• Decisions by a Departmental manager to reduce staff participation
  • Observed problems with quality and timing of team member participation

Other Common Technical and Operational Risks:

  • unanticipated installation or deployment problems with new software package
  • system crash or other unanticipated hardware problems result in delays, lost data, and unanticipated costs
  • users state requirements for additional data (not originally in scope)--"scope creep"
  • source materials being used for database development are missing or are of lower quality than anticipated
  • technical problems with access/integration with the external system
  • performance/response time problems with the software or custom GIS application

Like other aspects of project planning, a sound, comprehensive risk analysis takes time and some research--particularly for larger, more complex projects. Brainstorming with subject matter experts (e.g., IT system or database administration staff) and other experienced project managers, inside and outside of your organization will help in the risk analysis. A project manager also needs to decide how detailed or "granular" the identification of risks should. Just like breaking project tasks into subtasks, risks can be defined at different levels of detail. The general rule is to define risks at the lowest level of detail needed to support comprehensive risk management--and don't make it any more detailed than is necessary.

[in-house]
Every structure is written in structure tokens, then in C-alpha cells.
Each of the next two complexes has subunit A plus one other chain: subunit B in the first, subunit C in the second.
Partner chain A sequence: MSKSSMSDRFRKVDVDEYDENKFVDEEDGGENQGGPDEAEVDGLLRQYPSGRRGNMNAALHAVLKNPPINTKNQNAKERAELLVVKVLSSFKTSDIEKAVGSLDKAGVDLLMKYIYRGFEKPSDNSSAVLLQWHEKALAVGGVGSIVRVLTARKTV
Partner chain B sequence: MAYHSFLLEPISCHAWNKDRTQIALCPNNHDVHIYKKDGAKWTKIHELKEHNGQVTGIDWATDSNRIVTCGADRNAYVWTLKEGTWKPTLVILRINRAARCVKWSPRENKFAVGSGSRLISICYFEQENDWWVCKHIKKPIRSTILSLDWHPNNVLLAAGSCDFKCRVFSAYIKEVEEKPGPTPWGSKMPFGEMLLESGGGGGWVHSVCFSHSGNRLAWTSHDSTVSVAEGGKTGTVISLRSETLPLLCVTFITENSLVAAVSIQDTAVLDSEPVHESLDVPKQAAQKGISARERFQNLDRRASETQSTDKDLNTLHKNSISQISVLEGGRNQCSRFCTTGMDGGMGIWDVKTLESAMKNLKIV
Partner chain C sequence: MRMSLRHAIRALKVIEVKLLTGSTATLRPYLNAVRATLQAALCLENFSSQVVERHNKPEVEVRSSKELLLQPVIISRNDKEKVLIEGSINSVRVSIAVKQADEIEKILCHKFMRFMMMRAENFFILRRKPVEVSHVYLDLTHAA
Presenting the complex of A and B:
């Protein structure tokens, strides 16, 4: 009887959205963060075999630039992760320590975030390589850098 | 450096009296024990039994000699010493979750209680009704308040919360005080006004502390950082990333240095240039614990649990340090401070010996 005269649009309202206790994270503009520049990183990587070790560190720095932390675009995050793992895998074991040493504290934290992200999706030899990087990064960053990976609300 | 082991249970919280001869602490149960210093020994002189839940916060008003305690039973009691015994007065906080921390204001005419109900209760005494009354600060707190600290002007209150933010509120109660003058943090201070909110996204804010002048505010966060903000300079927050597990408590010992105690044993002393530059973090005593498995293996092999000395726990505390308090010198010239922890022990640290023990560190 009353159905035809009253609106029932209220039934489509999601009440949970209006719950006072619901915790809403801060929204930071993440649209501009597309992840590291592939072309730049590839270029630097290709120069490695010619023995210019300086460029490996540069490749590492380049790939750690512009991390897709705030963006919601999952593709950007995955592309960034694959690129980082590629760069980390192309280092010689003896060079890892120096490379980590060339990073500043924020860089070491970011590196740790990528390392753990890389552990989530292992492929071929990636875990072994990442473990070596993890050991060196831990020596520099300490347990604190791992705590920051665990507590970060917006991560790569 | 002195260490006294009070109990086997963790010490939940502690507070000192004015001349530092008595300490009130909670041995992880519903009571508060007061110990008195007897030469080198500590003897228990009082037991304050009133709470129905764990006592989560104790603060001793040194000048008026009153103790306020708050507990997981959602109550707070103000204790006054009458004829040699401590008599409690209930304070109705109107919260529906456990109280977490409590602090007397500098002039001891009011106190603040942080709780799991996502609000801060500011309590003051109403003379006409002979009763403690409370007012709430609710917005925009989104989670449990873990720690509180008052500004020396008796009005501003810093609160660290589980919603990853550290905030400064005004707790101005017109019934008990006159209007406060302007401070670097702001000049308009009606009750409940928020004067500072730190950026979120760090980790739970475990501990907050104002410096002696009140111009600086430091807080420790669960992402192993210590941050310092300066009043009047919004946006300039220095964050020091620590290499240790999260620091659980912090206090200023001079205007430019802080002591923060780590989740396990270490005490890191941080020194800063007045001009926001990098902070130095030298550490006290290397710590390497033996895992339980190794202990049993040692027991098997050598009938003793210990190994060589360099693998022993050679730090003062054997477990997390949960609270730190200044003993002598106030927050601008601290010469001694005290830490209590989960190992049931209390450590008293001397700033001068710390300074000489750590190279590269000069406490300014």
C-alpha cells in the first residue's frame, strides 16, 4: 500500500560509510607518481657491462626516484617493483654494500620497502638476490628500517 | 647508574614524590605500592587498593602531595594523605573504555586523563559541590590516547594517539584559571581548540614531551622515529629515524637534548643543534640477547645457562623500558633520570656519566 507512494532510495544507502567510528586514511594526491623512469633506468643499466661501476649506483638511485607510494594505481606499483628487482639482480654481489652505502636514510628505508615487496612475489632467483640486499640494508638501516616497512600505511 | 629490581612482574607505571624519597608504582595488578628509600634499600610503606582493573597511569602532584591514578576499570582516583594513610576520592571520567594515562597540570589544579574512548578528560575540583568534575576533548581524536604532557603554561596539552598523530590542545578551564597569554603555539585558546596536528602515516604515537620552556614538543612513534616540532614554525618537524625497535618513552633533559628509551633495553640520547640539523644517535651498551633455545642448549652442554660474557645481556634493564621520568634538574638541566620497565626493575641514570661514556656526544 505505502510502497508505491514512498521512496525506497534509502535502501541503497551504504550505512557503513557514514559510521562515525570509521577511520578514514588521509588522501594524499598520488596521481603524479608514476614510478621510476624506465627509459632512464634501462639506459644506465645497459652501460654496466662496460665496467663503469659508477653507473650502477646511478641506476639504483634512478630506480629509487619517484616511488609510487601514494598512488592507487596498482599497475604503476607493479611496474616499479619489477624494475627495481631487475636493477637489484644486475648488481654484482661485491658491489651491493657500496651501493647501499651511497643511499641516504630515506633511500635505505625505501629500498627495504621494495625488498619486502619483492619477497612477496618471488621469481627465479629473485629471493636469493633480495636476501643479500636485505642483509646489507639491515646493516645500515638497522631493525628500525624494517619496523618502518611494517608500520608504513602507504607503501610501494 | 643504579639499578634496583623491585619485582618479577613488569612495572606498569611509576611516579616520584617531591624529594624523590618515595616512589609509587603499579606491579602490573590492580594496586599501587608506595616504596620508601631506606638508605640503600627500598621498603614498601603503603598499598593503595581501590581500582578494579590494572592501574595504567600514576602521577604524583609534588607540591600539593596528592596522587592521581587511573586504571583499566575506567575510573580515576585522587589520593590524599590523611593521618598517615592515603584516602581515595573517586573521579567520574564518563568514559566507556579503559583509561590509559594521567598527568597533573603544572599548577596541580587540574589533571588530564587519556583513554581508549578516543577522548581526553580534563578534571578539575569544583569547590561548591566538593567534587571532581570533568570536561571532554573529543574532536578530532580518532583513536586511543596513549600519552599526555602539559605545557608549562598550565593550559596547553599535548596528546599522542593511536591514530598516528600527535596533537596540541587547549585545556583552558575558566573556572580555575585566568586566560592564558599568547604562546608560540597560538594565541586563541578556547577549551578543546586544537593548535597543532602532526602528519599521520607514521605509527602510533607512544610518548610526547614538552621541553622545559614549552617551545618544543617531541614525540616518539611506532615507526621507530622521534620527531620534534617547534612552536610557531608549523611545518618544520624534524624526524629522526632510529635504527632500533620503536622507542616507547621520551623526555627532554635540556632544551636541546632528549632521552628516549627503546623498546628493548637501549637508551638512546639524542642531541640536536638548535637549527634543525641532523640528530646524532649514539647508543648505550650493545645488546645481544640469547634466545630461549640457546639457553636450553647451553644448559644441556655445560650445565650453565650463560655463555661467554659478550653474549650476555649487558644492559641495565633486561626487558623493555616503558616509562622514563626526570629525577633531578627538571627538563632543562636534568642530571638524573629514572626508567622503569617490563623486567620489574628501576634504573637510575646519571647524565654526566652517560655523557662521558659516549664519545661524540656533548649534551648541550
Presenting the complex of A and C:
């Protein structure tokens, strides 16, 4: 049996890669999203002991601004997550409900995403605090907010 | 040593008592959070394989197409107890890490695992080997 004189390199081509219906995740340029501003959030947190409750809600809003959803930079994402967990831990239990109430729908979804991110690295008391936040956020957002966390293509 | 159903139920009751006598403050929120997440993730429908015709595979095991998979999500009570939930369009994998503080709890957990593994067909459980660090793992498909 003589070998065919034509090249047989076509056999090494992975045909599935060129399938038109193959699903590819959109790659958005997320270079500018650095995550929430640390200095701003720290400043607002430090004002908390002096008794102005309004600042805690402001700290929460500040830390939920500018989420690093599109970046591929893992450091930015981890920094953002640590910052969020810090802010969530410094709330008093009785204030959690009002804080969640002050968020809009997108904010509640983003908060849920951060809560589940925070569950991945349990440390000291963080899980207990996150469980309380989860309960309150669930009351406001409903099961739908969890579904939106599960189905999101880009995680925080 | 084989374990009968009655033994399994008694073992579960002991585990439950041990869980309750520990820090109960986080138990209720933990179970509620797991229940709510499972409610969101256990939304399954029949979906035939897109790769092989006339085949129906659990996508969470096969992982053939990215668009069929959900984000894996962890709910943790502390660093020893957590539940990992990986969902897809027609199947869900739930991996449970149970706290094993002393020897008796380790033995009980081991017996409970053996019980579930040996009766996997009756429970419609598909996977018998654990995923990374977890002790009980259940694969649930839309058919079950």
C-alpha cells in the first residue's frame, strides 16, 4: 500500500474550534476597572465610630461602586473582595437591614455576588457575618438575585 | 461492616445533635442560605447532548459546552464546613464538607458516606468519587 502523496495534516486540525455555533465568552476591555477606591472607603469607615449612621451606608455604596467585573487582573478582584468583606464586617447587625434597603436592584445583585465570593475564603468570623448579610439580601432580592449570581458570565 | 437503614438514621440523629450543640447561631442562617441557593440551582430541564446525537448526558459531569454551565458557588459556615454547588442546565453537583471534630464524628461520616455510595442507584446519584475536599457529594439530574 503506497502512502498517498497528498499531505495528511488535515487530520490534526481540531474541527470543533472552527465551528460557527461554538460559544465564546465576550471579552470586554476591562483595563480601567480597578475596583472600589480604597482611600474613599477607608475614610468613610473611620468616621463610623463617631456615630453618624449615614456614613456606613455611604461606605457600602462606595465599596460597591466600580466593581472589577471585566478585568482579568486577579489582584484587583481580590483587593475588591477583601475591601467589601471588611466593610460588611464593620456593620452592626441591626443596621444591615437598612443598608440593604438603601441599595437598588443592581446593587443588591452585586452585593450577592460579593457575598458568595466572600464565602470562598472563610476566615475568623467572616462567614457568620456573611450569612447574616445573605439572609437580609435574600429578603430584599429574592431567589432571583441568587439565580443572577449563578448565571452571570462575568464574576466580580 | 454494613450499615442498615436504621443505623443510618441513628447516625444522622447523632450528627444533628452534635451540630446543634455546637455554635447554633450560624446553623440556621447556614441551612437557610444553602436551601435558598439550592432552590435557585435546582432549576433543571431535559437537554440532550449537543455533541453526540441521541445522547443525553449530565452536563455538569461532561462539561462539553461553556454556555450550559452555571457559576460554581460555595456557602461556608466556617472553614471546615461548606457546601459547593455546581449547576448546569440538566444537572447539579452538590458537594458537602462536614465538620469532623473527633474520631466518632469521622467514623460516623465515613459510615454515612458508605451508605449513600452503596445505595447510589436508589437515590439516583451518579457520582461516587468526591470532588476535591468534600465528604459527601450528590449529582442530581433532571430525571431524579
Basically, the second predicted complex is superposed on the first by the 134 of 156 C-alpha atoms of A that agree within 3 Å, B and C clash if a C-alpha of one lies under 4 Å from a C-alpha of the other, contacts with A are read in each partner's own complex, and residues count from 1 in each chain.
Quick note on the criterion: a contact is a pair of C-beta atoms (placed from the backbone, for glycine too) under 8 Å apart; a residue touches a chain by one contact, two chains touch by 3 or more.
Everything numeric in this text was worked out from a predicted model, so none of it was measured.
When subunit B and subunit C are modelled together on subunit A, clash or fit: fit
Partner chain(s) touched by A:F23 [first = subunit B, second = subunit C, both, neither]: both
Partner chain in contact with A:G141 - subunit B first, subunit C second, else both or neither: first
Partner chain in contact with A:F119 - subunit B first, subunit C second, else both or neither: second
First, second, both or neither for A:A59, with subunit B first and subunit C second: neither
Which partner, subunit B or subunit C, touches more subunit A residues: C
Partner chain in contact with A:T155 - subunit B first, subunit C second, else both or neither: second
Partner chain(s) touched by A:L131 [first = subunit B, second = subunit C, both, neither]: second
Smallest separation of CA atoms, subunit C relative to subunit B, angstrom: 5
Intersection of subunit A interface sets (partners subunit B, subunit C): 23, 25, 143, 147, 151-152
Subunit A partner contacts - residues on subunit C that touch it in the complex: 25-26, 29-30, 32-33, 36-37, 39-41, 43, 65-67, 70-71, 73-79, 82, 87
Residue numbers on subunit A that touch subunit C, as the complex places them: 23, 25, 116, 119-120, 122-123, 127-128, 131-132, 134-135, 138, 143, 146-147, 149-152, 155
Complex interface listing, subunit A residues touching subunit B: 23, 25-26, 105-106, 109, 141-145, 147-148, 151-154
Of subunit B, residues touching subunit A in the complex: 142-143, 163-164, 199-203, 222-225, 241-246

Types of Project Impacts from Risk Events

How can project risks impact projects? Answering this question is part of risk analysis, which helps examine how risks can have an effect on:

  • Budget: impacts on the anticipated (planned or budgeted) monetary cost, staff levels, or other tangible resources for the project or program;
  • Schedule/Timing: impacts on the planned schedule and timing for completion of deliverables or milestones;
  • Work scope and services: impacts on the nature, volume, contents, specifications, etc., of the products, services, and results planned for a project or defined for a GIS program;
  • Quality of work and deliverables: impacts on the quality of products and services, which may relate to accuracy, amount of error, reduced performance (e.g., GIS application), etc.